Wednesday, September 13, 2006

Copyright Modernization Act of 2006

Yesterday, the "Copyright Modernization Act of 2006" was introduced in the House. Here is a link I created to this 100 page bill.

The bill has three titles: title I (taking up 85 and a half pages of the bill) is a revised version of the "SIRA" bill (H.R. 5553) and adds a new Section 115(e) covering digital music licensing. Title II is a revised Orphan Works section. Title III is a provision called "Copyright Protection Resources."

Title III has three substantive components: Section 302 (of the bill, not title 17) is, I believe, something the record companies previously sought to beat back fraud on the Copyright Office challenges to certificates of registration. It would require the certificate to be regarded as valid unless the applicant knew that inaccurate information had been provided and the Register of Copyrights would have rejected the application had she known of the inaccuracy. Where an allegation of inaccuracy is alleged, the court is required to request the Register to advise it whether it would have rejected the application. Courts routinely uphold registrations unless the inaccuracy would have caused rejection, so I don't see the need for the provision, which will, in any event, only delay litigation and add to the Copyright Office's workload. Moreover, since the applicant is in the best position to know the accuracy of the information it provides, there is no reason for applicants not to provide that information to the court anyway.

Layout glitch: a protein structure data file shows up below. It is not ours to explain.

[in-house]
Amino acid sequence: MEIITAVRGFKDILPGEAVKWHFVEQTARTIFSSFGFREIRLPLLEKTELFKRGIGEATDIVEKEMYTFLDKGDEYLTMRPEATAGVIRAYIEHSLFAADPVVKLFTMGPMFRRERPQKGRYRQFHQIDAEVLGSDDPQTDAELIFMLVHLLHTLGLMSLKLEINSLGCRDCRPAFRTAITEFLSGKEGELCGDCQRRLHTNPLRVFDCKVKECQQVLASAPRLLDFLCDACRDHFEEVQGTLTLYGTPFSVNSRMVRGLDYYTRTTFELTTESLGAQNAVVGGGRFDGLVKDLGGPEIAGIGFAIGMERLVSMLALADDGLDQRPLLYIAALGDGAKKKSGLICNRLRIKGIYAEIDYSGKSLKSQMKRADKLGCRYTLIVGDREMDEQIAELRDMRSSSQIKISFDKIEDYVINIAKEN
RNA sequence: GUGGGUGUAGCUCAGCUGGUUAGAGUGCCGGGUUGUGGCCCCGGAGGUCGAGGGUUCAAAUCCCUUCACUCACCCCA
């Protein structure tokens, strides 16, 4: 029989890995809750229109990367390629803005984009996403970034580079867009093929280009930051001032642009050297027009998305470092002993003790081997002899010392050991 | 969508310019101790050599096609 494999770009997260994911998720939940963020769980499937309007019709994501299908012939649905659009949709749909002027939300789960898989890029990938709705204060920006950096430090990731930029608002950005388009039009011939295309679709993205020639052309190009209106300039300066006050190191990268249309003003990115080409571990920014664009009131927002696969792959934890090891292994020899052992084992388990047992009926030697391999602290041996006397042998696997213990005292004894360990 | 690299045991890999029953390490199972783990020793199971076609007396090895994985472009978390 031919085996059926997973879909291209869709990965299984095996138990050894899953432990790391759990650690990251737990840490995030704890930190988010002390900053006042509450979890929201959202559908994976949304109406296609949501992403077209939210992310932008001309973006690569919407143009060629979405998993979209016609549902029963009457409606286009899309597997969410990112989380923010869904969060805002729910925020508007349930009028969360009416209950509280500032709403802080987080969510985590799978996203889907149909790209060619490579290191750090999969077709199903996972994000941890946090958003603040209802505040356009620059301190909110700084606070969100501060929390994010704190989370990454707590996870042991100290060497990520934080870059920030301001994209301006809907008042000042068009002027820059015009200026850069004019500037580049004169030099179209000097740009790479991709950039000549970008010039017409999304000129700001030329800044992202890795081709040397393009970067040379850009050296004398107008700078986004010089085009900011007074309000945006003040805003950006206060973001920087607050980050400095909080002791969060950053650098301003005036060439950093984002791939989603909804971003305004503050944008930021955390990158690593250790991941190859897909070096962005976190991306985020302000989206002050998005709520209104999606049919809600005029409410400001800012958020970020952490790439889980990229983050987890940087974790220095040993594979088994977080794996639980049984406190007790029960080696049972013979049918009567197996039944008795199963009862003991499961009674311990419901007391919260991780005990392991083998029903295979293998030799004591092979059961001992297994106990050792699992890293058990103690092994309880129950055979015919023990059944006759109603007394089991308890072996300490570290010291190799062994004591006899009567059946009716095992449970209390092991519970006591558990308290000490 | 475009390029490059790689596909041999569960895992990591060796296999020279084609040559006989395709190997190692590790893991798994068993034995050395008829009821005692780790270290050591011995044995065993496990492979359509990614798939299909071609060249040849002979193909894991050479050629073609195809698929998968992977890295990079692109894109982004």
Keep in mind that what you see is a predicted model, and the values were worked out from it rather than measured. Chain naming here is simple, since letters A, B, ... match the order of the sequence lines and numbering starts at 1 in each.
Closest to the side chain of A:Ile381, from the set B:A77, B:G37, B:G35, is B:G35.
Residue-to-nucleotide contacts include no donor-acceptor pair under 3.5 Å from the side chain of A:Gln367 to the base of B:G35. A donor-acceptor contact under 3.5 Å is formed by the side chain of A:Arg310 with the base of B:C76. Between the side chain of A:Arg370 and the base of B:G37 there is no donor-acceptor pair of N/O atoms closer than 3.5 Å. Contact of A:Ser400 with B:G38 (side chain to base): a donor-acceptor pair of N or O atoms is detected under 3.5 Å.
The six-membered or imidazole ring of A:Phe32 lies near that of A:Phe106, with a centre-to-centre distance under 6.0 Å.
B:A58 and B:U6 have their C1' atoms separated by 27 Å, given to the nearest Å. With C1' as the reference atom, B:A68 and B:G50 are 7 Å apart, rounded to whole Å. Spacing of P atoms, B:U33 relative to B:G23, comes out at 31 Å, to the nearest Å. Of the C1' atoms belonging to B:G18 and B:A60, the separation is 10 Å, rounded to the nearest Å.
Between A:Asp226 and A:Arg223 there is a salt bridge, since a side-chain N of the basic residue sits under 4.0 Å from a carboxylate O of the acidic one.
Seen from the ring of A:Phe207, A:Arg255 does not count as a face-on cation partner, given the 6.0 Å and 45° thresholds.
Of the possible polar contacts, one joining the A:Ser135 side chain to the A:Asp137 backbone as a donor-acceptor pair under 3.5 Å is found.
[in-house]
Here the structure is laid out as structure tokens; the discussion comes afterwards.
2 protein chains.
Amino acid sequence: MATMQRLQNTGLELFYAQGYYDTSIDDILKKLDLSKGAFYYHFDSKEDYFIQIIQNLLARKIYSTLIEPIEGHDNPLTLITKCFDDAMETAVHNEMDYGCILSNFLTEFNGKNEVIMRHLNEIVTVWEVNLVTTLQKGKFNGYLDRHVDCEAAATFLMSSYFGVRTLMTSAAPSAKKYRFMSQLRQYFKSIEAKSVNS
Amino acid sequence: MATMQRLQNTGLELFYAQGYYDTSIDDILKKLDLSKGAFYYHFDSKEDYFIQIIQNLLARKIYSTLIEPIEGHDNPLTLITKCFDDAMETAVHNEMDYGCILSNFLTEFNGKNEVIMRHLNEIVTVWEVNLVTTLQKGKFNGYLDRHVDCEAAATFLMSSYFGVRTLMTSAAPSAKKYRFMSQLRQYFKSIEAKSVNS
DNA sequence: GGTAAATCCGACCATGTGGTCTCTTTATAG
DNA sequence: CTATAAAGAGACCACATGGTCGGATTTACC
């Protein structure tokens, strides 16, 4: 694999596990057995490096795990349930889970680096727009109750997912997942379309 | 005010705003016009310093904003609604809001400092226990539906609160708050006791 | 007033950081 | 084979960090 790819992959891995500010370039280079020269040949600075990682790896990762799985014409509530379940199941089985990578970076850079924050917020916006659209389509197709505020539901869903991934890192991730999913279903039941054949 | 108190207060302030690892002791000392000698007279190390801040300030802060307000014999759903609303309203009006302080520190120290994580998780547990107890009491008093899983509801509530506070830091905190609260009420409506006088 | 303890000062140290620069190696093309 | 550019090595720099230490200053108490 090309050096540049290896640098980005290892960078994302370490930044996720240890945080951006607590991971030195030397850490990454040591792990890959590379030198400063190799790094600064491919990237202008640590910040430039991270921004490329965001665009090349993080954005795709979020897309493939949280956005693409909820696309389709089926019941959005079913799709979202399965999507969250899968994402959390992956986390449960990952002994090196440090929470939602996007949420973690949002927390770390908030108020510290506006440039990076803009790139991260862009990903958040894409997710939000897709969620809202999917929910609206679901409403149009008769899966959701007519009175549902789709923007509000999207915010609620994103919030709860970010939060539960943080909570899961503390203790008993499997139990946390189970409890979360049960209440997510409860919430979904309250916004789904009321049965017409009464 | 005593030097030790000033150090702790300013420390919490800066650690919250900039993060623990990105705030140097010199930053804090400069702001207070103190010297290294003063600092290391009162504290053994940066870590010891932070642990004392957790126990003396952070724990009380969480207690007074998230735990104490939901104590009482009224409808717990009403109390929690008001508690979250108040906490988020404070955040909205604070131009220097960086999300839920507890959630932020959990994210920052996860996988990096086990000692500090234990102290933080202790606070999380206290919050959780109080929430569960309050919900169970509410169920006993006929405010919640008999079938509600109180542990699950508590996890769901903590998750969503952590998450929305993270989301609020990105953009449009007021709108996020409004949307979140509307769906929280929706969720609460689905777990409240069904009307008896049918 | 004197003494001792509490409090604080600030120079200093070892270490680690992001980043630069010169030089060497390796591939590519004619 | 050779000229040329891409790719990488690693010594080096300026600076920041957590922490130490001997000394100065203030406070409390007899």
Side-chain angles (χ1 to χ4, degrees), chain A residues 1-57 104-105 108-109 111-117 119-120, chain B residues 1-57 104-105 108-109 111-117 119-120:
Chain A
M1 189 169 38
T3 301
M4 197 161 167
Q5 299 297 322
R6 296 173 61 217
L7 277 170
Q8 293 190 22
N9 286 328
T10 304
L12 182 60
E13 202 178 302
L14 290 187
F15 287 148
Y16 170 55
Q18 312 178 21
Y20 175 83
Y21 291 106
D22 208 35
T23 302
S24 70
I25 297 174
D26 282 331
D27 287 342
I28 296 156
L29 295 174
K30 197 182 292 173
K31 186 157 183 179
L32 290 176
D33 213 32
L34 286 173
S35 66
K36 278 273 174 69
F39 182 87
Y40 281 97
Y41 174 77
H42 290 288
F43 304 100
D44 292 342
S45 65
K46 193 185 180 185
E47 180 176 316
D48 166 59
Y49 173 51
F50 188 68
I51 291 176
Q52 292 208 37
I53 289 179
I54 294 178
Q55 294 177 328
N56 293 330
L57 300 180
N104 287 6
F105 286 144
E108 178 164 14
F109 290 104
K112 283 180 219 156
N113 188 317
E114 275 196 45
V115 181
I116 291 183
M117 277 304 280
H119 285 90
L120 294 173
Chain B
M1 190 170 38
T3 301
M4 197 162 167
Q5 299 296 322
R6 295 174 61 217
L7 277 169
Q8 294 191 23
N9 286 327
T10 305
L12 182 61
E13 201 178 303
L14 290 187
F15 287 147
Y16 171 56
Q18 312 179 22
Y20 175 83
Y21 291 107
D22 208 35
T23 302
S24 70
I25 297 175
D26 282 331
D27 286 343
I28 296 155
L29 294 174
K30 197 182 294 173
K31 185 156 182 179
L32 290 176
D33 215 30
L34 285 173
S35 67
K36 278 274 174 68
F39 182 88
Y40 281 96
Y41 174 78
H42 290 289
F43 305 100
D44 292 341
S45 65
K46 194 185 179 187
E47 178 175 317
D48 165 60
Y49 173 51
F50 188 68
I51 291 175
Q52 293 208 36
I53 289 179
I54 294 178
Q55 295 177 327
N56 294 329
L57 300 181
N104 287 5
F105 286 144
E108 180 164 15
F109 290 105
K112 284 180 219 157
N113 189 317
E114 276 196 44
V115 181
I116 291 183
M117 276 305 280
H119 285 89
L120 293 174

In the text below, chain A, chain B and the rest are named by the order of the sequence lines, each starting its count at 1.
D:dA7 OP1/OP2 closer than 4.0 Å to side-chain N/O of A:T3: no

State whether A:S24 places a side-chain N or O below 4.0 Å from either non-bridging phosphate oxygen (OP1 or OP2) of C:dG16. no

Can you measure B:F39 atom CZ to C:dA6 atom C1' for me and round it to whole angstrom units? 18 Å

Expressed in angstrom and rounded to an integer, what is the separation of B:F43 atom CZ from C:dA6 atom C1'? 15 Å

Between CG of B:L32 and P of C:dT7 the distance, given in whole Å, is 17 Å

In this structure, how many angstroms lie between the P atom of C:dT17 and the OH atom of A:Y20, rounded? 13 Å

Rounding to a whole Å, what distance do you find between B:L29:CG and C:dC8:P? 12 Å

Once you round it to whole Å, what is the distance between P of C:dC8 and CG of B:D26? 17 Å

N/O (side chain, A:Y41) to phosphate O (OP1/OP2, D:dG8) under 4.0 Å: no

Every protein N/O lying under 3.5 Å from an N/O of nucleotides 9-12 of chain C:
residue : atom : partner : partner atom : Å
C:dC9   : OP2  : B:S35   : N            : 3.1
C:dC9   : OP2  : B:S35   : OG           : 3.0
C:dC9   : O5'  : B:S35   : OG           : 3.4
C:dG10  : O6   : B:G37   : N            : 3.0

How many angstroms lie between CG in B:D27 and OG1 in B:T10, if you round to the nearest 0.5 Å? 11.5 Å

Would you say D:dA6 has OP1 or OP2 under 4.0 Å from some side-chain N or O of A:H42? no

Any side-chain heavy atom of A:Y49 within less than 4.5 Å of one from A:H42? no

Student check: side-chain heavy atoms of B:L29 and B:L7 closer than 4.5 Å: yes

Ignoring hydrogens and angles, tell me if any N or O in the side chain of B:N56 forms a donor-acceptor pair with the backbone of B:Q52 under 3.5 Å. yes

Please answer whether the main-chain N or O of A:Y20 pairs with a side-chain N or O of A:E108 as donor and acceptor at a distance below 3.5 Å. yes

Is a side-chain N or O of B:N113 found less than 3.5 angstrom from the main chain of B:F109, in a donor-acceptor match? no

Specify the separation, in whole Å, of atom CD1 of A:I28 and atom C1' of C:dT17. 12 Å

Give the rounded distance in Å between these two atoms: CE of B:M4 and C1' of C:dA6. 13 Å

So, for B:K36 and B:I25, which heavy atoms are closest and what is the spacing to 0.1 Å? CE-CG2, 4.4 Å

Section 303 of title III is also I believe a record industry initiative, designed to increase its statutory damage awards by permitting separate awards for individual sound recording tracks appearing on a CD. The new language would permit separate awards when the court "in its discretion" determines that individual components of a collective work "are distinct works having independent economic value." The independent economic value test is already used by some courts albeit importantly for different types of works. One would have thought that the staggering amounts already received by the labels were more than sufficient.

Section 304 increases the FBI's crime-busting piracy role.

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